ational identity and Pan-Indigenous identity, developing Native nationhood's interactions with the world.

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Date Created
  • 2014

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Afrofuturism, science fiction, and the reinvention of African American culture

Description

Modern and contemporary African American writers employ science fiction in order to recast ideas on past, present, and future black culture. This dissertation examines Afrofuturism’s cultural aesthetics, which appropriate devices

Modern and contemporary African American writers employ science fiction in order to recast ideas on past, present, and future black culture. This dissertation examines Afrofuturism’s cultural aesthetics, which appropriate devices from science fiction and fantasy in order to revise, interrogate, and re-examine historical events insufficiently treated by literary realism. The dissertation includes treatments of George Schuyler, Ishmael Reed, Octavia Butler, Colson Whitehead, Nalo Hopkinson, and Chicana/ofuturism.

The original contribution of this research is to highlight how imagination of a posthuman world has made it possible for African American writers to envision how racial power can be re-configured and re-negotiated. Focusing on shifting racial dynamics caught up in the swirl of technological changes, this research illuminates a complex process of literary production in which black culture and identity have been continuously re-interpreted.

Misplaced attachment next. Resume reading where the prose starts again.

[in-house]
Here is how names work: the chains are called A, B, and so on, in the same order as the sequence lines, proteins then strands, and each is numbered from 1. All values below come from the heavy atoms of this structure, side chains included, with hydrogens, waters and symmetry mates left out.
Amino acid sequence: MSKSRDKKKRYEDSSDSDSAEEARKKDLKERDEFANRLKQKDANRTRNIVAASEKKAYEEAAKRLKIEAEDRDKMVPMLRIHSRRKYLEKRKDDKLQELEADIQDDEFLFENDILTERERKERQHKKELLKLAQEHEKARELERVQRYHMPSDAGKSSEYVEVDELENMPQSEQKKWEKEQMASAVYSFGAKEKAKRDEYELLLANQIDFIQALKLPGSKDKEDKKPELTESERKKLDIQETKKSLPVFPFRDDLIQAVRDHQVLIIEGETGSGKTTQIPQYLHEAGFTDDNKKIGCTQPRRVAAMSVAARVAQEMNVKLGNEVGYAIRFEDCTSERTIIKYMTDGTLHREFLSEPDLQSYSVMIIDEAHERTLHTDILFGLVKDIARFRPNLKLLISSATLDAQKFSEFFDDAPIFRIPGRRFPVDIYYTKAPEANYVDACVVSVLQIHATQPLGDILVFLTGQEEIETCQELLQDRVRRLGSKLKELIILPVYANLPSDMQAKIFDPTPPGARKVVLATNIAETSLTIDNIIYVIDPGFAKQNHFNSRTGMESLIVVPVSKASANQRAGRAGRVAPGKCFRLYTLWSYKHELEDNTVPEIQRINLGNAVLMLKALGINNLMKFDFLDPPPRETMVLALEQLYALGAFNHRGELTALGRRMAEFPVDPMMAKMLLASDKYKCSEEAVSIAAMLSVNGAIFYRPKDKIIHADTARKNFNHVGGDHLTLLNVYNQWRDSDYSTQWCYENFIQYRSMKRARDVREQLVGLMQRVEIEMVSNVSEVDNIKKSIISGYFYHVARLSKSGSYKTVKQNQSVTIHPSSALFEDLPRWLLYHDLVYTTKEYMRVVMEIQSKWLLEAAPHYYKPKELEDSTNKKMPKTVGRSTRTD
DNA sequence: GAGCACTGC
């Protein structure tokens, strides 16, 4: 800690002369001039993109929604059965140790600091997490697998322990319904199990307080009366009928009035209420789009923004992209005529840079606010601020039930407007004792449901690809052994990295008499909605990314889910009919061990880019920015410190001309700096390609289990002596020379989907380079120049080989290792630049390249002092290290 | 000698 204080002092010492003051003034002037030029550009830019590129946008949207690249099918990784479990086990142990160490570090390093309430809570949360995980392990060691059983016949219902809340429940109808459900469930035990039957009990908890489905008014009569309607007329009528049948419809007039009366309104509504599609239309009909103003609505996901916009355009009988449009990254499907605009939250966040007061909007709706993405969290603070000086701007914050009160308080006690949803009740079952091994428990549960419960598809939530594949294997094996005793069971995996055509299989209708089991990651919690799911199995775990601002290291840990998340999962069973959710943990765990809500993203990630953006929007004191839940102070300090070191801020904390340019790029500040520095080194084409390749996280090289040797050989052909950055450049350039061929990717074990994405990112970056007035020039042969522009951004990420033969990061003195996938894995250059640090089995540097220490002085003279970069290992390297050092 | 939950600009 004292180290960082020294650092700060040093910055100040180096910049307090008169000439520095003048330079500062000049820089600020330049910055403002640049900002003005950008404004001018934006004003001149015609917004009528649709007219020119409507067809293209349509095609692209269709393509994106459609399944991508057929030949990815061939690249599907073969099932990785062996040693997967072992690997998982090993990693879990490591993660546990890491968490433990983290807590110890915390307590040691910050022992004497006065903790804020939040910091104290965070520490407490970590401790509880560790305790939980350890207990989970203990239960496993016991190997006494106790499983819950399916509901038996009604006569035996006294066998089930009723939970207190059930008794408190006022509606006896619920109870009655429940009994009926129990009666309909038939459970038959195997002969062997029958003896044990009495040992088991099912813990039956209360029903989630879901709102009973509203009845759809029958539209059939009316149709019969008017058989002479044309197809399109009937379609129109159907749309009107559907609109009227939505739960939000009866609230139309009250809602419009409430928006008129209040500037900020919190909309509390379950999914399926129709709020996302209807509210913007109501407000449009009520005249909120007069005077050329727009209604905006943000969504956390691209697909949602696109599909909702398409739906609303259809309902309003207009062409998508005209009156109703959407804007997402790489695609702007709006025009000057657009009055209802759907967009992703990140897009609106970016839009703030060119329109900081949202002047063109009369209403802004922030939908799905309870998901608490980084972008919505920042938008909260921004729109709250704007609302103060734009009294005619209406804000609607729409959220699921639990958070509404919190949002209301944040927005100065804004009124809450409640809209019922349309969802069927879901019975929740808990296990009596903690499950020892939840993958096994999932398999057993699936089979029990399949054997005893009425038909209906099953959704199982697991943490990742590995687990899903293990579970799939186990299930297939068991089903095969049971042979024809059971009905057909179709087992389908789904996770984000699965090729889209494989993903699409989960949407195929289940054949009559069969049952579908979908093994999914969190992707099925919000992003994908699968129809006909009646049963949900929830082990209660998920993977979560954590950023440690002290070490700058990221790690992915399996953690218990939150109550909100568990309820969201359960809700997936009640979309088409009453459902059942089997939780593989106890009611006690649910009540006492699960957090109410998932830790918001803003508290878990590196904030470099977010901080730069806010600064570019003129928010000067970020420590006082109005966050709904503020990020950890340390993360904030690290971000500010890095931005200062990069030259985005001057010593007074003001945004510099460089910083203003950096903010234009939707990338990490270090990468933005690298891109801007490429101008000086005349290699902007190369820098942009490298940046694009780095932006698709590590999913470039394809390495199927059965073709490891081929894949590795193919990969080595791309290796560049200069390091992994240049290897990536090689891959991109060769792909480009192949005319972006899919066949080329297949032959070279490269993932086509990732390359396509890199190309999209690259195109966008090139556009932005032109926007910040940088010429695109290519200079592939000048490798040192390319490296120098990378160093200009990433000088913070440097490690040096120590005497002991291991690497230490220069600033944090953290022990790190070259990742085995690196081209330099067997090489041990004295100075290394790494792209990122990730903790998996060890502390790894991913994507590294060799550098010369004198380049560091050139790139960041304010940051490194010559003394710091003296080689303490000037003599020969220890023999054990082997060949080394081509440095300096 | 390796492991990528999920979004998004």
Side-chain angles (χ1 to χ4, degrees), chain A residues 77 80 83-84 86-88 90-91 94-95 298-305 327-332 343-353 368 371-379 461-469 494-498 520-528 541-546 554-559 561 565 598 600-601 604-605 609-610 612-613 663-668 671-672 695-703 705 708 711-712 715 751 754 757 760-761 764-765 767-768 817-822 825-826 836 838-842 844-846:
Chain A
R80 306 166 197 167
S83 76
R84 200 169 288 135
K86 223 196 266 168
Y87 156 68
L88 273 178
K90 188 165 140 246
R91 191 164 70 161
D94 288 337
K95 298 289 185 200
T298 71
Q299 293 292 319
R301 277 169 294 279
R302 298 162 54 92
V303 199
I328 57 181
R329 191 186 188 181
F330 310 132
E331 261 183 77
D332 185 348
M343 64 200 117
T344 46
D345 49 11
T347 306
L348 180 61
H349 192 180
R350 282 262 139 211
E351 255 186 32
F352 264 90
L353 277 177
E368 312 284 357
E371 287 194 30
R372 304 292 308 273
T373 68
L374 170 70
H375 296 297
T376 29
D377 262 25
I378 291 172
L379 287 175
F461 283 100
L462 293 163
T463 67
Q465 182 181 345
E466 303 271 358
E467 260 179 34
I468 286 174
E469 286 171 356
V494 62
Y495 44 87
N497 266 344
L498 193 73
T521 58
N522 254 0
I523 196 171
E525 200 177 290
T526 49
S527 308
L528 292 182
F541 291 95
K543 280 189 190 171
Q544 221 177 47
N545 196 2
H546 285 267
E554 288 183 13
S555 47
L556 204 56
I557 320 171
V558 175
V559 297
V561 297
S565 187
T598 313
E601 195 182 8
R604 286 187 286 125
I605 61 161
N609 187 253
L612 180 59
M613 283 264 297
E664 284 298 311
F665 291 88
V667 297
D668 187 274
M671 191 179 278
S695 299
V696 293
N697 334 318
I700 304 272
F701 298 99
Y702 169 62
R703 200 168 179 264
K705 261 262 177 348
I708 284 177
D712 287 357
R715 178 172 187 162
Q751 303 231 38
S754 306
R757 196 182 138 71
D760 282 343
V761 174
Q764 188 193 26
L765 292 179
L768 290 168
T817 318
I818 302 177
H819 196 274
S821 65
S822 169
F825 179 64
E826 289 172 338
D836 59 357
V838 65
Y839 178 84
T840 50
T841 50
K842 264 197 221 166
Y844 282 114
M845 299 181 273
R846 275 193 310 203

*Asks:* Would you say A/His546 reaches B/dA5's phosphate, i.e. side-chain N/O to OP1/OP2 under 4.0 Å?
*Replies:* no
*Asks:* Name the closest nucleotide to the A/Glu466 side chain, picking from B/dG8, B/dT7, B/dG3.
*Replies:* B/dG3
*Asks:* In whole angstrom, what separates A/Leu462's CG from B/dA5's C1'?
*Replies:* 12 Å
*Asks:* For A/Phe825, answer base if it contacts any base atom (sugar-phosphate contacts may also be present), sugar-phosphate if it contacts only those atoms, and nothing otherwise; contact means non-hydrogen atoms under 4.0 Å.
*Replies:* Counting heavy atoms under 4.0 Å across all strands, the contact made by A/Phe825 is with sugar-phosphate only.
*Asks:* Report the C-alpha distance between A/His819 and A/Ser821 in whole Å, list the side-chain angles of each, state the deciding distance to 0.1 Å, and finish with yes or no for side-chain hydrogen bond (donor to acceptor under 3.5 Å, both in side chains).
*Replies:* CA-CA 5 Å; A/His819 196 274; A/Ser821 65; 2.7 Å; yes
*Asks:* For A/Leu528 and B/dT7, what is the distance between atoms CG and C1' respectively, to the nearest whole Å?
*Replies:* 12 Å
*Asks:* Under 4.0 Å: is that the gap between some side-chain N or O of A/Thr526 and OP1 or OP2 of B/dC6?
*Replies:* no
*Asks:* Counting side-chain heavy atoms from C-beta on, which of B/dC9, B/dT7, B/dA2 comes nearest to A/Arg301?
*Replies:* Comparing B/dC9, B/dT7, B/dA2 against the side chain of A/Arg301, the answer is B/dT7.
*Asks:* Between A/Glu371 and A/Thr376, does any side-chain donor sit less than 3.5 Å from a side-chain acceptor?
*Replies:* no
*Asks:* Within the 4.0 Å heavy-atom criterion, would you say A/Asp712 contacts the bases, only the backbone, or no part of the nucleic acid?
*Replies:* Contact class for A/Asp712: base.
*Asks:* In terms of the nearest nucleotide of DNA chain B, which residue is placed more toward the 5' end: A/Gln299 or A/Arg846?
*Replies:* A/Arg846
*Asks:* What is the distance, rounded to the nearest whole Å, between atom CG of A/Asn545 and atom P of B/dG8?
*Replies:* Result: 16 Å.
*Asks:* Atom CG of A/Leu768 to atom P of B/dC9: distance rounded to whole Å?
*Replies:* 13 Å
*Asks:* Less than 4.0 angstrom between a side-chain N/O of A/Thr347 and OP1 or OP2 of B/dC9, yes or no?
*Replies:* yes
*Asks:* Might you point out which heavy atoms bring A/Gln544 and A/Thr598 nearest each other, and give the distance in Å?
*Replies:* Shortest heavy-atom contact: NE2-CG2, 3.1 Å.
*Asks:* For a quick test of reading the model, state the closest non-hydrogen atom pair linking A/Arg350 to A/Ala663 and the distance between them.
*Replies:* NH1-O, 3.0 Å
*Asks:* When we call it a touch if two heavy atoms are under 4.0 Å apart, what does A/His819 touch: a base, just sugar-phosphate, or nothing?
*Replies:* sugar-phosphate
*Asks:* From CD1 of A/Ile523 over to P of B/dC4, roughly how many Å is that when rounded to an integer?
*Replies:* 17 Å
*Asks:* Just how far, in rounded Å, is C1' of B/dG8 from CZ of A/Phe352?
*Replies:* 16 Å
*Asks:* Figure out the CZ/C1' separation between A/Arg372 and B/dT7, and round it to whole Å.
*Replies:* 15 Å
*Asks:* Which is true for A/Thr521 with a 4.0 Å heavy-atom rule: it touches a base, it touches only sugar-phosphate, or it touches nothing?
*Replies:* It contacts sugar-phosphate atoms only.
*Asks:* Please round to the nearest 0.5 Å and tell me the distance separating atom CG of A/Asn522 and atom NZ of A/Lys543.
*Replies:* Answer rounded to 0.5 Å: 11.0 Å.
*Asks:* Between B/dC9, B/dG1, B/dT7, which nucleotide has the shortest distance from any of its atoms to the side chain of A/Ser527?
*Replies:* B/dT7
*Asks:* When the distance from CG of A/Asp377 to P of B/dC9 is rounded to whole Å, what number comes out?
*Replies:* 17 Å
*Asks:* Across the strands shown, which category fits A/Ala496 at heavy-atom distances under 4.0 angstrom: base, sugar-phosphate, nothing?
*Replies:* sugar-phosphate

In the post-war and post-Civil Rights Movement eras African American writers began reflecting on shifting racial dynamics in light of technological changes. This shift in which black experience became mechanized and digitized explains how technology became a source of new African American fiction. The relationships between humans and their external conditions appear in such futuristic themes as trans-human anamorphosis, cyberspace, and digital souls. These thematic devices, which explore humanity outside its phenotypic boundaries, provide African American writers with tools to demystify deterministic views of race. Afrofuturism has responded to the conceptual transformation of humanity with a race-specific scope, locating the presence of black culture in a high-tech world.